Review: Michael Feinstein's SING ME A SWING SONG Breezes, Bounces and Bows at Jazz at Lincoln Center

By: Jun. 11, 2016

Jazz at Lincoln Center's 2016 Popular Song series at the Appel Room ended this year's agenda on June 8 with host Michael Feinstein's appreciation of the interconnection between swing and popular song, a subject about which he's clearly enthusiastic. Each musical era, he suggests, is previewed by a song marking change: "Alexander's Ragtime Band" ushered in ragtime, "Sing, Sing Sing," prefaced swing, "Rock Around the Clock" heralded rock n' roll.

With the able assistance of Musical Director Tedd Firth (also on piano), Firth's Big Band, and special guest vocalists Allyson Briggs, Jeremy Jordan, and Catherine Russell, Feinstein and Co. delivered a lively evening of familiar and eclectic material.

A jitterbug instrumental "Lady Be Good" (George and Ira Gershwin) primes us for Feinstein's tandem renditions of "I Never Knew" (Gus Kahn/Ted Fiorito) and "I Found a New Baby" (Jack Palmer/ Spencer Williams), the latter written for Ethel Waters. Rhythm is easy here. Swing includes both "kinetic" up-tempo numbers and syncopated ballads, less easily identifiable as belonging to the genre.

It was a period when many bandleaders wrote hit songs. Ray Noble's "The Very Thought of You" is performed as a cottony ballad, sincere and serious with just a touch of sensitive clarinet. Musical brush strokes broaden as Freddie Hendrix wields his superb trumpet. I see your face in every flower/Your eyes in stars above Feinstein croons prettily, going up an octave on your eyes.

Guest Allyson Briggs (right) looks and sounds like the 1940s, often organically singing double octave notes. The statuesque vocalist offers a bright, clear, straight from the hip "How About You?" (Burton Lane/Ralph Freed from Babes on Broadway), stringing lyrics together, eschewing line breaks. A classic arrangement of Cole Porter's "From This Moment On" shows Briggs's full, polished, confident range.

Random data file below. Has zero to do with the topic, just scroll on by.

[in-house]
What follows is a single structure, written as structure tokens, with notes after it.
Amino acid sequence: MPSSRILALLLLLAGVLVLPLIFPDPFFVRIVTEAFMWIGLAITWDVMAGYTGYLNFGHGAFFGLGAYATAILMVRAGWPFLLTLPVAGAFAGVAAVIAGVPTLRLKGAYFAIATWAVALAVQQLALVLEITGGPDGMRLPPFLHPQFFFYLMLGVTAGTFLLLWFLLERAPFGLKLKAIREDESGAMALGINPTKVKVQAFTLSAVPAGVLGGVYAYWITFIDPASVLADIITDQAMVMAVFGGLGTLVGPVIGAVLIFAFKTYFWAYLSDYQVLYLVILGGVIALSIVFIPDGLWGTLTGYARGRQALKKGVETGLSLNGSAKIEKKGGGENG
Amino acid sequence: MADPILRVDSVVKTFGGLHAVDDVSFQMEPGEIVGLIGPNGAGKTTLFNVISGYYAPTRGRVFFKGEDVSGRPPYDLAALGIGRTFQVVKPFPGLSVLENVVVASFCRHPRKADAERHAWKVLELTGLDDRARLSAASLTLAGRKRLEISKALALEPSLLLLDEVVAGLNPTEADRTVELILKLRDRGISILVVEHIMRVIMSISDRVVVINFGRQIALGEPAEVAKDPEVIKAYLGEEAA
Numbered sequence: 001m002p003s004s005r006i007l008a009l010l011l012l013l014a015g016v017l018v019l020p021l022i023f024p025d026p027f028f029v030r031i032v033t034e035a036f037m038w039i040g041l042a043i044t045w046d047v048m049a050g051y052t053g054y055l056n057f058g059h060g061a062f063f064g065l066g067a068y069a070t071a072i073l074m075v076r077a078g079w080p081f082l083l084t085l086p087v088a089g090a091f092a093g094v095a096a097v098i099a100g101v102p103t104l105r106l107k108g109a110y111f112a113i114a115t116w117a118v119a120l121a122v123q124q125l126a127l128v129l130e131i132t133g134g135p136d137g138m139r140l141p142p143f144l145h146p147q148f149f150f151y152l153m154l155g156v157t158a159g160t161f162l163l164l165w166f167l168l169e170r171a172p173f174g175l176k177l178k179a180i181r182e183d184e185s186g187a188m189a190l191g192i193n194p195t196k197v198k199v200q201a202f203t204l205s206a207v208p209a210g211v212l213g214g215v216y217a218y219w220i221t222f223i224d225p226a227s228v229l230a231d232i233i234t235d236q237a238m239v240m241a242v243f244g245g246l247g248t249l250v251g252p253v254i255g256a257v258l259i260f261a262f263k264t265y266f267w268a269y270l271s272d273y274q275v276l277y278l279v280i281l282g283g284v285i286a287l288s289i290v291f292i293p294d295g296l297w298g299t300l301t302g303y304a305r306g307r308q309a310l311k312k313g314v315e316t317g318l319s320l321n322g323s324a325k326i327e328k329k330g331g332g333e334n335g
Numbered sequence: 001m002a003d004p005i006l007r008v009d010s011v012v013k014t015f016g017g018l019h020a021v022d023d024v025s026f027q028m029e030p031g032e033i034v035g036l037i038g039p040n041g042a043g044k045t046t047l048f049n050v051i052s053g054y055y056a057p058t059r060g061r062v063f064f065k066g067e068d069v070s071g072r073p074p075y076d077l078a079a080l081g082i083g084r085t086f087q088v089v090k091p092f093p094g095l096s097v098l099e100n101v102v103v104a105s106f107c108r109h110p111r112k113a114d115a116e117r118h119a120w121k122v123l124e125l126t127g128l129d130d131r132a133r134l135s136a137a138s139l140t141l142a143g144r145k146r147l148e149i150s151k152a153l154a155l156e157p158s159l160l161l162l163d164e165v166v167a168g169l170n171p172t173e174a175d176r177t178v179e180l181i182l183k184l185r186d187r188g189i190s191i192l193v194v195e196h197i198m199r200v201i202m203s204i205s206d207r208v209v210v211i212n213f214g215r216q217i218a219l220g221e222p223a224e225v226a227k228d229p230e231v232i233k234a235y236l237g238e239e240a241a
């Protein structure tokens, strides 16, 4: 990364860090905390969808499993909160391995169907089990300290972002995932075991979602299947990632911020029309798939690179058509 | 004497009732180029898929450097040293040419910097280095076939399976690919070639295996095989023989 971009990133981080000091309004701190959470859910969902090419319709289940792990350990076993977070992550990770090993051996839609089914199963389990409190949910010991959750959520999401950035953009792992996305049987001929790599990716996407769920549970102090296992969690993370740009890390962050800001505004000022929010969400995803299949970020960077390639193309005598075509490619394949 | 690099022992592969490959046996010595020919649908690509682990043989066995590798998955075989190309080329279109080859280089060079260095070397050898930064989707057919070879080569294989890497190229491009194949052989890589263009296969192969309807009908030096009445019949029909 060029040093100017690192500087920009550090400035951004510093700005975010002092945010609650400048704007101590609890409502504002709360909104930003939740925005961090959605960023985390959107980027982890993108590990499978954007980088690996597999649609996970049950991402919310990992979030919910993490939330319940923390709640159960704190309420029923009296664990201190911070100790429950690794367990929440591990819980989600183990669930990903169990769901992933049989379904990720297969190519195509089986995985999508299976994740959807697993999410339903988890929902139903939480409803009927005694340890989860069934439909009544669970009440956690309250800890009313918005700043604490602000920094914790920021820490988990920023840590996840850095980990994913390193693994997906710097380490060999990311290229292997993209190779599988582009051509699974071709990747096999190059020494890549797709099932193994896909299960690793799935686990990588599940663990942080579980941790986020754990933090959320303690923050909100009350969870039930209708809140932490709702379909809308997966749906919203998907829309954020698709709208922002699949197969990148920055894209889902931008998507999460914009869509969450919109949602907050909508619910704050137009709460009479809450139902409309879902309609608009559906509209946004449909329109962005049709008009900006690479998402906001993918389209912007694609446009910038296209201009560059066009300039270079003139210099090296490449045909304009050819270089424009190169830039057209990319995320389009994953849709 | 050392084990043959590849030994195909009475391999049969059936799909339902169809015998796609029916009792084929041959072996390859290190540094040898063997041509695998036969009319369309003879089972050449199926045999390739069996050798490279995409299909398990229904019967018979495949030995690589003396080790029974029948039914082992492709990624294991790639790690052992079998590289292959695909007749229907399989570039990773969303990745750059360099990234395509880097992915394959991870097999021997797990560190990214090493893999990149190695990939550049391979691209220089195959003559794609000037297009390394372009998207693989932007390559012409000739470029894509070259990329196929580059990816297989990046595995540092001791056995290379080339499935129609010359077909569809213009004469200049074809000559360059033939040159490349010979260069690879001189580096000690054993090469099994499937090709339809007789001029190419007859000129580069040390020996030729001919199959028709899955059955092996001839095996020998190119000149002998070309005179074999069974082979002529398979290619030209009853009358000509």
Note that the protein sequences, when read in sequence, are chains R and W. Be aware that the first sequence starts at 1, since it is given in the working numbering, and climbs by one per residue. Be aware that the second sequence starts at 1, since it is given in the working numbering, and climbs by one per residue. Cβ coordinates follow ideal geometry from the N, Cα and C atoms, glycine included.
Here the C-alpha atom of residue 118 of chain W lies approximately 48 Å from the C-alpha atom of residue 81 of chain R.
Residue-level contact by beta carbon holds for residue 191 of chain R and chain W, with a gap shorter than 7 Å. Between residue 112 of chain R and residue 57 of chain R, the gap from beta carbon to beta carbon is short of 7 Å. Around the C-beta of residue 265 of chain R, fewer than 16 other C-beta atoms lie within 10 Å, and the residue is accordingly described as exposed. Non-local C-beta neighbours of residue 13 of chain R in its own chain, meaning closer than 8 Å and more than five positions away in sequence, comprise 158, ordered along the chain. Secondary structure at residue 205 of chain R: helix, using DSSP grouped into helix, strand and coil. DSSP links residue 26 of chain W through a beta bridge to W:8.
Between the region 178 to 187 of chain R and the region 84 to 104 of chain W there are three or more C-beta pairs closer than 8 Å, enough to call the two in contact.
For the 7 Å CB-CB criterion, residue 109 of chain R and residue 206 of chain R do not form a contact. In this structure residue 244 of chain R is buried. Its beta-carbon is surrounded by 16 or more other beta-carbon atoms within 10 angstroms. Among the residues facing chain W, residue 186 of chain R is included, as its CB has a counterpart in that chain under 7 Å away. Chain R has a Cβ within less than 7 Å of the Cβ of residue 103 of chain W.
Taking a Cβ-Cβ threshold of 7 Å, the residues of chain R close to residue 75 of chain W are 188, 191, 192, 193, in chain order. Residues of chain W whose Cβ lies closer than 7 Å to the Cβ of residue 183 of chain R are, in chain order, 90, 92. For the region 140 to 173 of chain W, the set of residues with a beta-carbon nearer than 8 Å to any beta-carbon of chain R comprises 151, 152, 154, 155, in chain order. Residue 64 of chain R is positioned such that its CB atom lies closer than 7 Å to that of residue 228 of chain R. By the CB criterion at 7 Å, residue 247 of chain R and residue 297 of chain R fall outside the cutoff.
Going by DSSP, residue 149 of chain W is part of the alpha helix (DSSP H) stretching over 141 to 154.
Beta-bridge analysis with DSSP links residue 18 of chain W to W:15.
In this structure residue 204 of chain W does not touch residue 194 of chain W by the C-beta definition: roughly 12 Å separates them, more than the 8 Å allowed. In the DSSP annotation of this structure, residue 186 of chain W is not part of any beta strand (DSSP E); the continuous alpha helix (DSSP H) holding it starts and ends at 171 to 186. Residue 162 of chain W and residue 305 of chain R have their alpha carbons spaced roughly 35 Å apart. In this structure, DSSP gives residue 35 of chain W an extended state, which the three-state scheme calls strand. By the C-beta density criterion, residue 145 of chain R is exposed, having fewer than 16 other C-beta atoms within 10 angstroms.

Broadway's Jeremy Jordan (left) launches into "That Old Black Magic" (Harold Arlen/Johnny Mercer) as if he cut his teeth on swing. Riffing with repetition, pause, and elongation of lyrics, Jordan has an infectiously good time. "Cry Me a River" (Arthur Hamilton, written for Ella Fitzgerald) emerges like a satin ribbon. The actor presents an effective image of contained revenge. A decidedly un-swing duet version of "I'm Nothing Without You" (Cy Coleman/David Zippel from City of Angels) finds Feinstein and Jordan vocally robust and well balanced.

Catherine Russell (below), a worthy Jazz at Lincoln Center favorite, opens with Louis Prima's "Swing It, Brother, Swing": Deep rhythm can't deface me/Hot rhythm stimulates me/Can't help but swing it, boy/Swing it brother, swing! From phrasing to attitude, the artist has it down. We feel as if back in time, watching rhythm move subtly through this great performer. Andy Farber's mellow, zigzagging sax comes out to play.

Farber's arrangement of "Deed I Do" (Fred Rose/Walter Hirsch) follows with warm, muted vocal. Oh hah-uh-uhnny (oh honey), Russell sings with utter engagement. Feinstein and Russell complete her set with a richly arranged duet of "You Go To My Head" (J. Fred Coots/ Haven Gillespie). Warren Vache's beautiful trumpet shadows, solos, and closes with a cursive flourish.

Feinstein returns for "I Gotta Be Me" (Walter Marks from Golden Rainbow), in another decidedly un-swing rendition, this one reflective rather than familiarly demonstrative. And Charles DeForest's breezy "One Day At a Time." After thanks are expressed, the company closes with a punchy "I've Got the World on a String" (Harold Arlen/ Ted Koehler). Effervescent feelings pervade.

Michael Feinstein begins next year's Jazz and Popular Song series with an exploration of the artistry of quintessential crooner Nat "King" Cole on April 5-6, 2017 in The Appel Room.

Photos by Frank Stewart for Jazz at Lincoln Center


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